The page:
The mindful organization Featured

8:00pm EDT May 31, 2013
Stephan Liozu, founder, Value Innoruption Advisors Stephan Liozu, founder, Value Innoruption Advisors

Mindfulness, a concept originally characterized by Ellen Langer in 1989 as a state of alertness that is manifested in active information processing, includes creating new categories rather than relying on categories present in our memory; welcoming new information by being open and attending to changed signals, welcoming more than one view and being aware of multiple interpretations, and avoiding being on auto-pilot.

In 1999, Karl Weick and Kathleen Sutcliffe extended the concept of individual mindfulness to the collective dimension, describing it as the widespread adoption and diffusion of mindfulness by the organization’s members. Mindfulness helps organizations to notice more issues, process them with care, and detect and respond to early signs of trouble. Weick and Sutcliffe describe five cognitive processes that constitute organizational mindfulness: Preoccupation with failure, reluctance to simplify interpretations, sensitivity to operations, commitment to resilience, and deference to expertise. These, they contend, are prevalent among members of high reliability organizations.

So how does organizational mindfulness apply to the management of organizations?

Let us look at these five processes one by one.

Preoccupation with failures

Mindful organizations demonstrate an ability to learn from failures and breakdowns. The organization learns from what did not work and identifies gaps to ensure transformational success. These firms see failures as an opportunity to learn and to try again instead of getting discouraged and throwing in the towel.

In no way does this mean that you ought to get totally absorbed with failures. Mindful leaders spend equal time celebrating successes and analyzing failures to move the organization forward.

Reluctance to simplify interpretations

High performance organizations refuse to simplify interpretations, especially when facing intense competition, increased complexity and large amounts of data.

Business professionals are exposed to an enormous amount of internal data and market information. They face variations in the degree of analyzability of market information, in the degree of information commensurability, and in the equivocality of information coming out of multiple sources in the organization.

The inherent levels of information uncertainty and ambiguity require they focus on complex problems without reducing and oversimplifying them.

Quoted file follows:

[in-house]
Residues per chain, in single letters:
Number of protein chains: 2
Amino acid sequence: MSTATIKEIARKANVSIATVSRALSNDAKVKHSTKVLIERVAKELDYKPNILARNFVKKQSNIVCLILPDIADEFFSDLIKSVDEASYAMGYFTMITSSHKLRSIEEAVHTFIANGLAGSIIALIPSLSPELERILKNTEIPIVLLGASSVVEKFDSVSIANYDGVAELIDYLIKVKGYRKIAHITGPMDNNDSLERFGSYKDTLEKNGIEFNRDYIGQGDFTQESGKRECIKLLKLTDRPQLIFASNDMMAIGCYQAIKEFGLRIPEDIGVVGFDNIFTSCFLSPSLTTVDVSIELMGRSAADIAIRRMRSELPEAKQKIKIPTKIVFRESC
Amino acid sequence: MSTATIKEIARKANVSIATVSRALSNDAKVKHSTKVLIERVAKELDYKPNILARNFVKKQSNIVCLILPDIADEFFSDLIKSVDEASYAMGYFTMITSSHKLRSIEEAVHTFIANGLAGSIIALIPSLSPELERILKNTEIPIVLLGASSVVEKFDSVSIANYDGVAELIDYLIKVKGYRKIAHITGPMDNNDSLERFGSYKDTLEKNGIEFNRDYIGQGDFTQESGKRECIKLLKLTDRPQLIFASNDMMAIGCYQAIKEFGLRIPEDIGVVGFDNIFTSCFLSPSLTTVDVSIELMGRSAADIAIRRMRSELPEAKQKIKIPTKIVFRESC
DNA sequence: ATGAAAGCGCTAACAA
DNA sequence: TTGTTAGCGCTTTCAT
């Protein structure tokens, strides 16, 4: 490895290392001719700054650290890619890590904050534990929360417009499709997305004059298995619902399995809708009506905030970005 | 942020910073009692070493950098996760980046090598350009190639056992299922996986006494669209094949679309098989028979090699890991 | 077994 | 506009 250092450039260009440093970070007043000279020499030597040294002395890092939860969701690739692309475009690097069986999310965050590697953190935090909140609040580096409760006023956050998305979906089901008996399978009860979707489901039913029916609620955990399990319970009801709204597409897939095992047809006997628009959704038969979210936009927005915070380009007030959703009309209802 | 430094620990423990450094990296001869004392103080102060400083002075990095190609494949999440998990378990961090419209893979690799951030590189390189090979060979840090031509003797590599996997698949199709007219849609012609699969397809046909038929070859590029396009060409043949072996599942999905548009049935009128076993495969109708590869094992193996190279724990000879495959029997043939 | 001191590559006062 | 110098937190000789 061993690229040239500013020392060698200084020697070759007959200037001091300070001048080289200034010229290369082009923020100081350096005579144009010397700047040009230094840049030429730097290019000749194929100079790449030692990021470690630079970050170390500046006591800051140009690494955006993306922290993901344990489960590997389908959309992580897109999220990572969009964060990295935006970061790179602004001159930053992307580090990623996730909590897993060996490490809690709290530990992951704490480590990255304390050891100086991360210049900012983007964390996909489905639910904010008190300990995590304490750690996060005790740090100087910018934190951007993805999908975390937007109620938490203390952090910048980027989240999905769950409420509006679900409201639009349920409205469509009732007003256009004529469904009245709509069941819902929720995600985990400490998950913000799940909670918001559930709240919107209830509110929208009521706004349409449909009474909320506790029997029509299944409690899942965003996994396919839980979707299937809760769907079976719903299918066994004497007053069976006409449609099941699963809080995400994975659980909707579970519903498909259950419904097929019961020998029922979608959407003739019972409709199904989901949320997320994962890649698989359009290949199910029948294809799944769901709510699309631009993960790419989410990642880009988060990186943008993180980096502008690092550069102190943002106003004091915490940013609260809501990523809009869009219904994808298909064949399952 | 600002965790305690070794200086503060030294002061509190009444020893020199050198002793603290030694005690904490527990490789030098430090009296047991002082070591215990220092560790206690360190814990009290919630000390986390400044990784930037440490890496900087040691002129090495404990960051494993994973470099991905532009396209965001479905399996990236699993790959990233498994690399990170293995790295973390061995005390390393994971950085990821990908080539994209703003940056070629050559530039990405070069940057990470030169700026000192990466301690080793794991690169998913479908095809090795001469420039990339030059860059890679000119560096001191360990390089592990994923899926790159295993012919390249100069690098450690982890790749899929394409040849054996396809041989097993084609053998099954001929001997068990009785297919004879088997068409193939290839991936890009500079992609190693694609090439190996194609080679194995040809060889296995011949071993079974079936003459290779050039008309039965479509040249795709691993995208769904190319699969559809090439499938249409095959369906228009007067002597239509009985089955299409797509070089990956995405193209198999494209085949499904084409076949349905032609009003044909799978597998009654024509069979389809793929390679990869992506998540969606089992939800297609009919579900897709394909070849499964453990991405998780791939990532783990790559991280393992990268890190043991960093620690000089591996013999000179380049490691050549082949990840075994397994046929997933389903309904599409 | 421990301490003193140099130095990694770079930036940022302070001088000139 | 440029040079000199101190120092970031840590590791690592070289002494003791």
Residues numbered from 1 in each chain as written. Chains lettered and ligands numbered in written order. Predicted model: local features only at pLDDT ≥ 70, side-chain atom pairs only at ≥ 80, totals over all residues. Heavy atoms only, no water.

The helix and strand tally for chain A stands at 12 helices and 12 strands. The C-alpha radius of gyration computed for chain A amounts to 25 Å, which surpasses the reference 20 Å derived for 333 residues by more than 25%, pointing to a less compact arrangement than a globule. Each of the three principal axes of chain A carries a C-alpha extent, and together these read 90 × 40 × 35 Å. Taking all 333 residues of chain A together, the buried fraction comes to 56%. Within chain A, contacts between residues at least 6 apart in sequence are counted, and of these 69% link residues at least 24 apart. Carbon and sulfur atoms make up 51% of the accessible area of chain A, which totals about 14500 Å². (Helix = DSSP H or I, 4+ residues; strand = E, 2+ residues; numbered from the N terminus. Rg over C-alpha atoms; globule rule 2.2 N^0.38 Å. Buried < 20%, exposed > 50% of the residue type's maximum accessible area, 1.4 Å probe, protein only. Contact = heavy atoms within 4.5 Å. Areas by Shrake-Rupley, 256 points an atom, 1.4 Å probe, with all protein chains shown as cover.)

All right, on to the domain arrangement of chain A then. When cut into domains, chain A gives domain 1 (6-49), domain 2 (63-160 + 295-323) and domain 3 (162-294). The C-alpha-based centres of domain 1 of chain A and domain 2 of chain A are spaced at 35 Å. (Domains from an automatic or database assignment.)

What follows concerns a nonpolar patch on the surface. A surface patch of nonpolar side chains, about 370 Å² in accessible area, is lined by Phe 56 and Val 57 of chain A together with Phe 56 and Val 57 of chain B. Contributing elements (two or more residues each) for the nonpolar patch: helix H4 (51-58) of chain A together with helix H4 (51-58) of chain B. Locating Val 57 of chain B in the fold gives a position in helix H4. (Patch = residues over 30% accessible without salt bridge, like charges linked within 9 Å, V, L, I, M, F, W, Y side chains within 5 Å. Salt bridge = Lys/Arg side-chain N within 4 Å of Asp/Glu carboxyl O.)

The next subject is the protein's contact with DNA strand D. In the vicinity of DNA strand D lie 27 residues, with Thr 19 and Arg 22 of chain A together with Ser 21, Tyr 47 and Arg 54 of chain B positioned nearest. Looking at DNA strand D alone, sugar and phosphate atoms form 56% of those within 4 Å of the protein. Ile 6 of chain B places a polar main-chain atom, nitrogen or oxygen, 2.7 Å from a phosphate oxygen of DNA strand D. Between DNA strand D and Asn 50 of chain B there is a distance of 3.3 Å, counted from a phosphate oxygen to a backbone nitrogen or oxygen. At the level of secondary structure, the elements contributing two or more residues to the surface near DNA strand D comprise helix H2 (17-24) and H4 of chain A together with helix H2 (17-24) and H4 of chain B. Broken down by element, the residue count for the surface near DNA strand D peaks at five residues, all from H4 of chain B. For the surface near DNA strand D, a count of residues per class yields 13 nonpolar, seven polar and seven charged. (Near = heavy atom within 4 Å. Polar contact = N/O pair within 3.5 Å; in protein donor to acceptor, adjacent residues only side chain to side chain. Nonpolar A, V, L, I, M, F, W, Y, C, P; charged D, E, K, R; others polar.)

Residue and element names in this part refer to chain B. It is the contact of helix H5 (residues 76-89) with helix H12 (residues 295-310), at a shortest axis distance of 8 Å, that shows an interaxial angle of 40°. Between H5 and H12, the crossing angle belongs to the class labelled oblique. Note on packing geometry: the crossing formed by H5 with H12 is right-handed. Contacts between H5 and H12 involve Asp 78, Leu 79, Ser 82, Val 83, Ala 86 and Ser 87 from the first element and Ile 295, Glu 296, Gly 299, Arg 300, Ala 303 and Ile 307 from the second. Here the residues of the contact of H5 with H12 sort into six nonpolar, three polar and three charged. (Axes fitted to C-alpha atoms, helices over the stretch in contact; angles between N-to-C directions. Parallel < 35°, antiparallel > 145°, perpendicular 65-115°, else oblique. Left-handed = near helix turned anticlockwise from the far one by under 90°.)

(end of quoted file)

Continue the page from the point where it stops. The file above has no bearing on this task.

Sensitivity to operations

Leaders of mindful organizations purposefully invest in developing capabilities of their front line personnel. They pay attention to all organizational actors whether in leadership or in the “trenches.”

Mindful leaders listen actively to the rumor mill and embrace feedback coming from organizational skeptics. Being sensitive to operations also entails adjusting strategic programs by taking into account the knowledge of people who actually do the work.

Commitment to resilience

Resilience is one of the dimensions of the organizational confidence construct.

Leaders of mindful organizations commit to the success of all organizational programs. They purposefully develop shared beliefs, courage and resilience when implementing business strategies so that the organization keeps going when facing adversity.

The role of organizational champions and change agents is equally important to build collective confidence in teams.

Deference to experts

Decision-makers in business units should rely on the expertise of specialized centers of excellence to optimize business decisions and firm performance. Business leaders should avoid improvising and ought to defer tough decisions or complex problems to internal experts.

The five characteristics of high reliability organizations proposed by Weick and Sutcliffe can be applied and operationalized by any company in search of business excellence. Organizational mindfulness and mindful champions can play a critical role in the success of organizations. I call this mindful business management. I encourage you to read more about this emerging theory on organizational mindfulness.

 

Stephan Liozu (www.stephanliozu.com) is the founder of Value Innoruption Advisors and specializes in disruptive approaches in innovation, pricing and value management. He earned a Ph.D. in management at Case Western Reserve University and can be reached at sliozu@case.edu.